“For all its pantomime elements, this show is the real deal.” Read on for the verdict on last night’s TV.

Britain’s Next Big Thing

Britain’s Next Big Thing, BBC2

“The series boasts that it will record the highs and lows of “bringing a product to market”. It began, however, as an audition round of The X Factor for manufacturers.”Andrew Billen, The Times

“Last night’s episode began with Liberty in London and provided several “love- at-first-sight” moments, as buyers fell for novel accessories and high-end bits of bric-à-brac. If you can’t afford real shopping, it does very well as a fantasy substitute.”
Tom Sutcliffe, The Independent

“I suspect that if these episodes keep, as here, the presence of Paphitis (who has all the irritating earnestness of Tony Robinson as a presenter without the residual fondness for Baldrick to offset it) to a minimum and let Burstell off the leash, the weeks to come might be a notch above the standard reality show minimum entertainment level and may even edge into Not Quite As Bad as It Could or Should Have Been territory.”
Lucy Mangan, The Guardian

“For all its pantomime elements, this show is the real deal, showing us constantly that good ideas don’t always make it and even the great ones can fall at the fence”.
Matt Baylis, The Express

“Although Healey seemed determined to use her documentary to expunge her totally unnecessary guilt for this setback, it was an insight into how mixed-up we are on the subject.”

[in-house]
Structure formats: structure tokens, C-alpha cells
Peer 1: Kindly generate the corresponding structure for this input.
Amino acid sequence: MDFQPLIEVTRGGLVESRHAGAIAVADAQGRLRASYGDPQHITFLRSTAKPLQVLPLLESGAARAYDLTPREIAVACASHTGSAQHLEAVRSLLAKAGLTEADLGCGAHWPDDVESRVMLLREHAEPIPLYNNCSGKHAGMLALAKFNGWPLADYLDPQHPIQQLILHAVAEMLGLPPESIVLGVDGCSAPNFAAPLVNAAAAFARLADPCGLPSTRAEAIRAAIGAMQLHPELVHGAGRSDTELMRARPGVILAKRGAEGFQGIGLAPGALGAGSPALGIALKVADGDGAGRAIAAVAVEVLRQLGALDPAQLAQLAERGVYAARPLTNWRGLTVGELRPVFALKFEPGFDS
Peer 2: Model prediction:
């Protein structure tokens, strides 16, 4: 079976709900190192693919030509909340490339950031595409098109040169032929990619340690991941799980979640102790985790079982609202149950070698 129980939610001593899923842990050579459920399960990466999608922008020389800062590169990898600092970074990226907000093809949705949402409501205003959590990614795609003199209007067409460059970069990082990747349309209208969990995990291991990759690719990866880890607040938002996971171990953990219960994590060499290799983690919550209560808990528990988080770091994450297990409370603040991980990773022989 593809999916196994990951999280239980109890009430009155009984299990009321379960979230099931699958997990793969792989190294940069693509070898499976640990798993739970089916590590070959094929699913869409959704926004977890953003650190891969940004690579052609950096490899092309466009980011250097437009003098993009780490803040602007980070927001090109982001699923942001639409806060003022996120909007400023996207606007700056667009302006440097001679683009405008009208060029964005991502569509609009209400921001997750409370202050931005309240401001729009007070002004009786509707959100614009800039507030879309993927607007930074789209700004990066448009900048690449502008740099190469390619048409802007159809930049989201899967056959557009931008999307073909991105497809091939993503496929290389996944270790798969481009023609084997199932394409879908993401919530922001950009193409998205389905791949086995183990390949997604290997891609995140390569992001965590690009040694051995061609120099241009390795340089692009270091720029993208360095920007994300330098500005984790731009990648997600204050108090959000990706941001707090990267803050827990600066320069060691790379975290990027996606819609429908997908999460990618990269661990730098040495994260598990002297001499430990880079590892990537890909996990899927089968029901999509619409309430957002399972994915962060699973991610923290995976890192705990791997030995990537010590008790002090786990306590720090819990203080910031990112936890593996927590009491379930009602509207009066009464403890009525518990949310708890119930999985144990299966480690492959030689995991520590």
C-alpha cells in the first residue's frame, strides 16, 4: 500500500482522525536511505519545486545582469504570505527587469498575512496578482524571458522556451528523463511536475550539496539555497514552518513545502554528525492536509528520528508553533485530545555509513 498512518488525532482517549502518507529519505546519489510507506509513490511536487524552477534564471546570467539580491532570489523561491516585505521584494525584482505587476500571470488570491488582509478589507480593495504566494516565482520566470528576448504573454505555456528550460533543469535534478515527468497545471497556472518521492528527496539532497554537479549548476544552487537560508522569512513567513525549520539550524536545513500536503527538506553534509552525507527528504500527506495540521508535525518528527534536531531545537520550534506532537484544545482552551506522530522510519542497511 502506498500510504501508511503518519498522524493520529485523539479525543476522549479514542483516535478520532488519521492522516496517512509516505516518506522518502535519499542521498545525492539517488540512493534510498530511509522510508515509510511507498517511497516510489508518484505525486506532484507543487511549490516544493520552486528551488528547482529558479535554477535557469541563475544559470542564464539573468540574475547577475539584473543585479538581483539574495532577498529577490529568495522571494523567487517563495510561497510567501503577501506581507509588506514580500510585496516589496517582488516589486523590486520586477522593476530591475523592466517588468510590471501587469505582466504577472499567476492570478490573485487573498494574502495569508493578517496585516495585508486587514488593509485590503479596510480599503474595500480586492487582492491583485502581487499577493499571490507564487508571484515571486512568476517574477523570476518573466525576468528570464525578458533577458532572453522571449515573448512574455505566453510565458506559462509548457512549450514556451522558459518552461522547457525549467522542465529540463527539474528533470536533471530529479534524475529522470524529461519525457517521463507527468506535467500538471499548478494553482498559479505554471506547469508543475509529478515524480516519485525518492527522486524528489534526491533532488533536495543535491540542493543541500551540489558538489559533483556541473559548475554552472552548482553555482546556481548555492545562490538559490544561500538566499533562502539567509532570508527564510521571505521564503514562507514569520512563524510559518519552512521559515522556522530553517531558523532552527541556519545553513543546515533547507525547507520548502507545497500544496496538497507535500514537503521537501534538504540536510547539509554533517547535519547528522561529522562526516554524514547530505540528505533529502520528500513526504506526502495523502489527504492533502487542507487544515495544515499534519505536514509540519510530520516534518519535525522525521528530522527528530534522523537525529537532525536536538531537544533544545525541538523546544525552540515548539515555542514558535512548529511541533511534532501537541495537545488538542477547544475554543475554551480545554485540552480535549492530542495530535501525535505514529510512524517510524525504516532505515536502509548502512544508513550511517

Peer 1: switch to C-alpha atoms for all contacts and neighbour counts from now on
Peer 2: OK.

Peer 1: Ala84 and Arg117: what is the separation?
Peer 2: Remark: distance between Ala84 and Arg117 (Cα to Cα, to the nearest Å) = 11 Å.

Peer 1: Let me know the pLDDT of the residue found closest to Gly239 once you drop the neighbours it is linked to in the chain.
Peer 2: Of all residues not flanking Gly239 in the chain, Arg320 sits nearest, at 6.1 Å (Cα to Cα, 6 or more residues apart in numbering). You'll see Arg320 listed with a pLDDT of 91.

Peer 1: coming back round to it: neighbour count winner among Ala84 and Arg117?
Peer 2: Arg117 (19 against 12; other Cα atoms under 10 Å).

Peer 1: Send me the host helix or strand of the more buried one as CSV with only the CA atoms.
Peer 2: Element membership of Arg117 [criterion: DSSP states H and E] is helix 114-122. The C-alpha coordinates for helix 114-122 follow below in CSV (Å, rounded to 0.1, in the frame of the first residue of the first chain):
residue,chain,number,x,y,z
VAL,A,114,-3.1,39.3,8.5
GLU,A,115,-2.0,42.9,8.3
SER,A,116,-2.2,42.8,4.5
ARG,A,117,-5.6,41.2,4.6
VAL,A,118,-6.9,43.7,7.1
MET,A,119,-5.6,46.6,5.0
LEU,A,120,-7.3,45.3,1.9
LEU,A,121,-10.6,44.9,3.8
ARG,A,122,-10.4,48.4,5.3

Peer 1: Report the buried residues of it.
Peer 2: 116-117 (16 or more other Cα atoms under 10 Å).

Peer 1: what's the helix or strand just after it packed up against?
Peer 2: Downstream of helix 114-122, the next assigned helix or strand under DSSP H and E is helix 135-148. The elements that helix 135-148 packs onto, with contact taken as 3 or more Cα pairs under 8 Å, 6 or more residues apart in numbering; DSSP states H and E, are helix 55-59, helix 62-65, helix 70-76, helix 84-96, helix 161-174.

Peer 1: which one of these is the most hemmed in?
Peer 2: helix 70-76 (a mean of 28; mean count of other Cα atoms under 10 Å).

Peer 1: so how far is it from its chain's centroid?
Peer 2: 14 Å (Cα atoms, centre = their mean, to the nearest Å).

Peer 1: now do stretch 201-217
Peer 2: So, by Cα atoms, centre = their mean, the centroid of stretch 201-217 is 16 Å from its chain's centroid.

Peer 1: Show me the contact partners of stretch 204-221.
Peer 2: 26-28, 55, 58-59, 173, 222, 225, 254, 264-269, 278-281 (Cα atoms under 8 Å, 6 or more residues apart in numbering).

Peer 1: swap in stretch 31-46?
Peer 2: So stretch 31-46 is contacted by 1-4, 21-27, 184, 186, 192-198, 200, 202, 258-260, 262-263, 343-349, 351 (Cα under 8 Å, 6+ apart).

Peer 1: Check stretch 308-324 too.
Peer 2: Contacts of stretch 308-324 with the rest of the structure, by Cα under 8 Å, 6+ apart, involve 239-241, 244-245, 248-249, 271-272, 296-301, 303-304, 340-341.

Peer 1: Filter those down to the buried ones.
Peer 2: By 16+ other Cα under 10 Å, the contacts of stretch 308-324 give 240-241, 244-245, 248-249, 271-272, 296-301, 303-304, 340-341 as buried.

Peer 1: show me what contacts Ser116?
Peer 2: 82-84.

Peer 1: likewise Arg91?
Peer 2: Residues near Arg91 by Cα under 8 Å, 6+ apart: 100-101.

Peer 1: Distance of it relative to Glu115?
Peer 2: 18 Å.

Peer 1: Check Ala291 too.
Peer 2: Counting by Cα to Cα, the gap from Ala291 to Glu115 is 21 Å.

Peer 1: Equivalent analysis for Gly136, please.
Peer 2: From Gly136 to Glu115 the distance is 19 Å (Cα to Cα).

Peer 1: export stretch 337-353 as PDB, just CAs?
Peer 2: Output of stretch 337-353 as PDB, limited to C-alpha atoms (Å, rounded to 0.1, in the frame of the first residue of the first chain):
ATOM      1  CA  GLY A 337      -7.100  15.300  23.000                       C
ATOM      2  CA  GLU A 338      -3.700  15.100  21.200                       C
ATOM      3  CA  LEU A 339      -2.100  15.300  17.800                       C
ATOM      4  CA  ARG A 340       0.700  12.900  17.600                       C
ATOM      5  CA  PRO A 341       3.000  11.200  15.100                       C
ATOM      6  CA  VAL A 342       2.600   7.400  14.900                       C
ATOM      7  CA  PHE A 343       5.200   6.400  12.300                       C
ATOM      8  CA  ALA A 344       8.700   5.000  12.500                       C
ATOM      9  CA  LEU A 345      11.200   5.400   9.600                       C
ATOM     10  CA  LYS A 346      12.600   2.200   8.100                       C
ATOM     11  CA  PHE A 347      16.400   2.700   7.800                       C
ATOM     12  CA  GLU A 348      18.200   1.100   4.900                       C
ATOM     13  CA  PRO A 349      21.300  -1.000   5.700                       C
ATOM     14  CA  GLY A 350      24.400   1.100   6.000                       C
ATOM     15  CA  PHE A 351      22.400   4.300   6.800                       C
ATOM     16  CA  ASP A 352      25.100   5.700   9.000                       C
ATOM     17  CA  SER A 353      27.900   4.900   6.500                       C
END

Andrew Billen, The Times

“After unsensationalist but decidedly brief looks at the decisions of other mothers – from teenage Jessica, who in common with most of her friends bottlefeeds because “boobs are for sex and for showing off”, to “earth mother” Carol, who still breastfeeds five-and-a-half-year-old Joel – her [Cherry’s] demons are finally laid to rest.”
Lucy Mangan, The Guardian

 True Stories: Guilty Pleasures, More 4

“We all understand how a Mills & Boon documentary is supposed to go. On the one hand, you have the consumers – all mundane discontent and hopeless dreams – and on the other you have the synthetic tribulation and bliss of the books, cruelly exposing what’s missing from their readers’ lives.

“Moggan’s achievement was to give her film real emotional depth, without entirely depriving you of the pleasures of the mismatch between dream and reality.”
Tom Sutcliffe, The Independent

Campus, Channel 4

“The humour is from another galaxy, frankly. It’s fresh and wild, so surreal it makes Salvador Dali look like a house painter. It’s also, unfortunately, the kind that works best in small doses.”
Matt Baylis, The Express

CSI: Miami, Channel 5

“Never say they’ve tried every trick on this show. They just keep on discovering strange new worlds.”
Matt Baylis, The Express